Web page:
POP AND JAZZ REVIEWS : Technician Reed Lacks Jazz Elements

Eric Reed's technical virtuosity was on full display Friday in the opening set of a two-night run at Catalina's Bar & Grill. The talented young pianist highlighted a mixed collection of standards and originals with a finger-popping array of extended improvisations.

His most effective number was a solo reading of "Embraceable You," which was rich with echoes of Teddy Wilson and Art Tatum. On several other pieces, especially "Stompin' at the Savoy" and "Wade in the Water," Reed's precipitous contrasts of rhythm and dynamics were clearly influenced by Ahmad Jamal.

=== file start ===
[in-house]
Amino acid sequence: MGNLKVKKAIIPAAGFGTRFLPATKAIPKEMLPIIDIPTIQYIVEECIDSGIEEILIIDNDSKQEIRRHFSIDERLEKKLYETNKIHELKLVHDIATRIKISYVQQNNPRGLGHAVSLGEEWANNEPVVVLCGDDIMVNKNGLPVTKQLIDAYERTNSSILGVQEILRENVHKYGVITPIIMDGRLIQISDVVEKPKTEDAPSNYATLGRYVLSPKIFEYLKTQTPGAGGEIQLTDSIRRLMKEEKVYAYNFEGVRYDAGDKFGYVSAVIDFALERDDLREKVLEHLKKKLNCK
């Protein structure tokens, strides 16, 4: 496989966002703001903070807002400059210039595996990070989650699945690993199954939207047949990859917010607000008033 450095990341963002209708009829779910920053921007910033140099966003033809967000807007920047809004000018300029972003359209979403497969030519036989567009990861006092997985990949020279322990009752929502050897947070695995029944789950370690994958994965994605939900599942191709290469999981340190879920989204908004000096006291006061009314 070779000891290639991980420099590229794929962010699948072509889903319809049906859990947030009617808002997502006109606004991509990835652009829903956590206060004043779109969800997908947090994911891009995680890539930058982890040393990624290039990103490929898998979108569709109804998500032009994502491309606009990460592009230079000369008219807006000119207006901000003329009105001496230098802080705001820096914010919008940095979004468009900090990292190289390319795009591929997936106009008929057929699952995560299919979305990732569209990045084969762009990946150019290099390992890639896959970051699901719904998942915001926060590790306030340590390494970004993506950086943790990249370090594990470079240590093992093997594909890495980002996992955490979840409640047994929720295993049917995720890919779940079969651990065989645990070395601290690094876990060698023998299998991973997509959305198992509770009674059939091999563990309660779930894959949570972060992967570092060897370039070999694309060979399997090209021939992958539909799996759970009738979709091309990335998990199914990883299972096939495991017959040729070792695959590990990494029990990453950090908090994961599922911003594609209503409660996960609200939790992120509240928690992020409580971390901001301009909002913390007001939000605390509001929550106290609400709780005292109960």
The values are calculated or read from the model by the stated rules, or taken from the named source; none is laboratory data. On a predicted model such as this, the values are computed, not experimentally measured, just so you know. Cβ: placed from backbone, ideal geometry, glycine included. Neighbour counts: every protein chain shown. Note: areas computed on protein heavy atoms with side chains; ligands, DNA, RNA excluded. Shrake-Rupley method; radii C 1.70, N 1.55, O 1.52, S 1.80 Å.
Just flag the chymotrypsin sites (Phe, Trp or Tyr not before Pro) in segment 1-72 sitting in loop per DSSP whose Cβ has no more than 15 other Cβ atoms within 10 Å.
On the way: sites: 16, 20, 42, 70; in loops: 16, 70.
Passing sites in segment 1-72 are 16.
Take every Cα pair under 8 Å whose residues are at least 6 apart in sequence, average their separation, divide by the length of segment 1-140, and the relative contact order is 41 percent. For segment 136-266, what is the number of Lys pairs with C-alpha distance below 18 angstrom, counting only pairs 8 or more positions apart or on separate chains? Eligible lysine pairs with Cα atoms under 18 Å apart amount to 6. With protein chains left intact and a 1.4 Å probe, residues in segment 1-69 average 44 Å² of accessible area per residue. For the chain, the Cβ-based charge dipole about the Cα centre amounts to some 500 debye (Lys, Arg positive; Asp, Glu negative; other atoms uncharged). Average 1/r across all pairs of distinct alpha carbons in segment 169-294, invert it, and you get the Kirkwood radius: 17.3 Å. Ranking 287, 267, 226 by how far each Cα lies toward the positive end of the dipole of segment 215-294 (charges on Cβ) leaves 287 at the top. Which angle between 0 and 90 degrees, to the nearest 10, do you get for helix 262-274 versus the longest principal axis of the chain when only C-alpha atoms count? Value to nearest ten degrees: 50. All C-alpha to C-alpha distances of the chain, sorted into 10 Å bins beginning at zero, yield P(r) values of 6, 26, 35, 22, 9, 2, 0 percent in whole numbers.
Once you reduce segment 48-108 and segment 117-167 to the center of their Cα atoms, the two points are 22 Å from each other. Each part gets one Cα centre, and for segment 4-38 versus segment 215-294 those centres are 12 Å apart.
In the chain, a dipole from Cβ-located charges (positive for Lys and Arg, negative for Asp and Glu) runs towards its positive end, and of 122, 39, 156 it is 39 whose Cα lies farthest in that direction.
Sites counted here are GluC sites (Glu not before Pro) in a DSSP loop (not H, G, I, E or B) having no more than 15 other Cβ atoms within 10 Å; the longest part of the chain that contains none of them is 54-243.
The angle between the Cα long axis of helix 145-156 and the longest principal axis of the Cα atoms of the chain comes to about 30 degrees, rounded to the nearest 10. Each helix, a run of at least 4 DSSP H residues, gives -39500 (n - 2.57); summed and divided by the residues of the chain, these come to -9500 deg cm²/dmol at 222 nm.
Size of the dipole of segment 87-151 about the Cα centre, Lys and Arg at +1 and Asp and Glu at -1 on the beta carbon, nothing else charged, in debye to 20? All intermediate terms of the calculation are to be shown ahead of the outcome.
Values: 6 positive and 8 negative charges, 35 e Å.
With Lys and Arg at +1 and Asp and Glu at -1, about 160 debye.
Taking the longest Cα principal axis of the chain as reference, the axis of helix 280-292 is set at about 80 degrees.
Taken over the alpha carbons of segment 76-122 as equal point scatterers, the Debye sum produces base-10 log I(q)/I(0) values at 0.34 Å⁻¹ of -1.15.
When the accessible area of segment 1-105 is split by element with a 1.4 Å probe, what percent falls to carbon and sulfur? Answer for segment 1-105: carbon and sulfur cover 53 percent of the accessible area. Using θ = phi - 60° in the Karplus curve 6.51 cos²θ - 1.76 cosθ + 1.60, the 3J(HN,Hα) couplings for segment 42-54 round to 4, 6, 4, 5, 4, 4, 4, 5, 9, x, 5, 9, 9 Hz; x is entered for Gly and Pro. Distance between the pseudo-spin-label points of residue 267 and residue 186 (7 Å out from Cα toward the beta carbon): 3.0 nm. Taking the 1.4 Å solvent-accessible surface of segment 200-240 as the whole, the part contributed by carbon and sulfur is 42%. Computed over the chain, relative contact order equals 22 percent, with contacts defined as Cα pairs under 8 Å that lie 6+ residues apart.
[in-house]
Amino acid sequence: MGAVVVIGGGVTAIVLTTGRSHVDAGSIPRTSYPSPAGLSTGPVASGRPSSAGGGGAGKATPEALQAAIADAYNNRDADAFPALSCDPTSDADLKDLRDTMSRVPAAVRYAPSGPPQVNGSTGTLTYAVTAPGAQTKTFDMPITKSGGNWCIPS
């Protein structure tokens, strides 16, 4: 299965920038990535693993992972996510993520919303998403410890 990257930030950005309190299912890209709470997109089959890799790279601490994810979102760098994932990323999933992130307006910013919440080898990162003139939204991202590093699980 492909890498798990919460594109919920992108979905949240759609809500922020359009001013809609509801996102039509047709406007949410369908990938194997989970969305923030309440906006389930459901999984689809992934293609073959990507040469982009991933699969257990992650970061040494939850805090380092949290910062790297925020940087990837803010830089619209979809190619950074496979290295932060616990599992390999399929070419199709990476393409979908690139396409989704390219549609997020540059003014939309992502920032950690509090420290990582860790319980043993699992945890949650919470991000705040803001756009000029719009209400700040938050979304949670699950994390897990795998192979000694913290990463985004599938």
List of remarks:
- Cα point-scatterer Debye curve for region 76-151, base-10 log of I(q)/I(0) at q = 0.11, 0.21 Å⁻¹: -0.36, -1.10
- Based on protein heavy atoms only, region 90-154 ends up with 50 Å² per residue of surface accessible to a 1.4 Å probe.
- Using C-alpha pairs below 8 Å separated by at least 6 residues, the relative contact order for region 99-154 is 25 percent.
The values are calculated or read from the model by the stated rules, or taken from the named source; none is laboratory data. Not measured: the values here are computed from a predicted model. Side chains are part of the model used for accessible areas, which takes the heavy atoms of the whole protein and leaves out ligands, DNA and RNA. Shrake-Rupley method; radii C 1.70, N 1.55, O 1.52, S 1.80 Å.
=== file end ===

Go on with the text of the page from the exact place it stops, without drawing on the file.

But there were problems, as well. The sometimes obsessive concentration on rapid-fire right-hand figures tended to give a narrow one-dimensional feel to much of Reed's improvising. Too often, his musical propulsion--energetic though it may have been--was deficient in the essential jazz elements of swing and drive.

Although bassist Robert Hurst and drummer Willie Jones performed in generally stellar fashion (except for Hurst's disturbing intonation during "Yesterdays"), their contribution was more supplemental. Reed's playing clearly needs the support of a well-rehearsed, interactive rhythm section.

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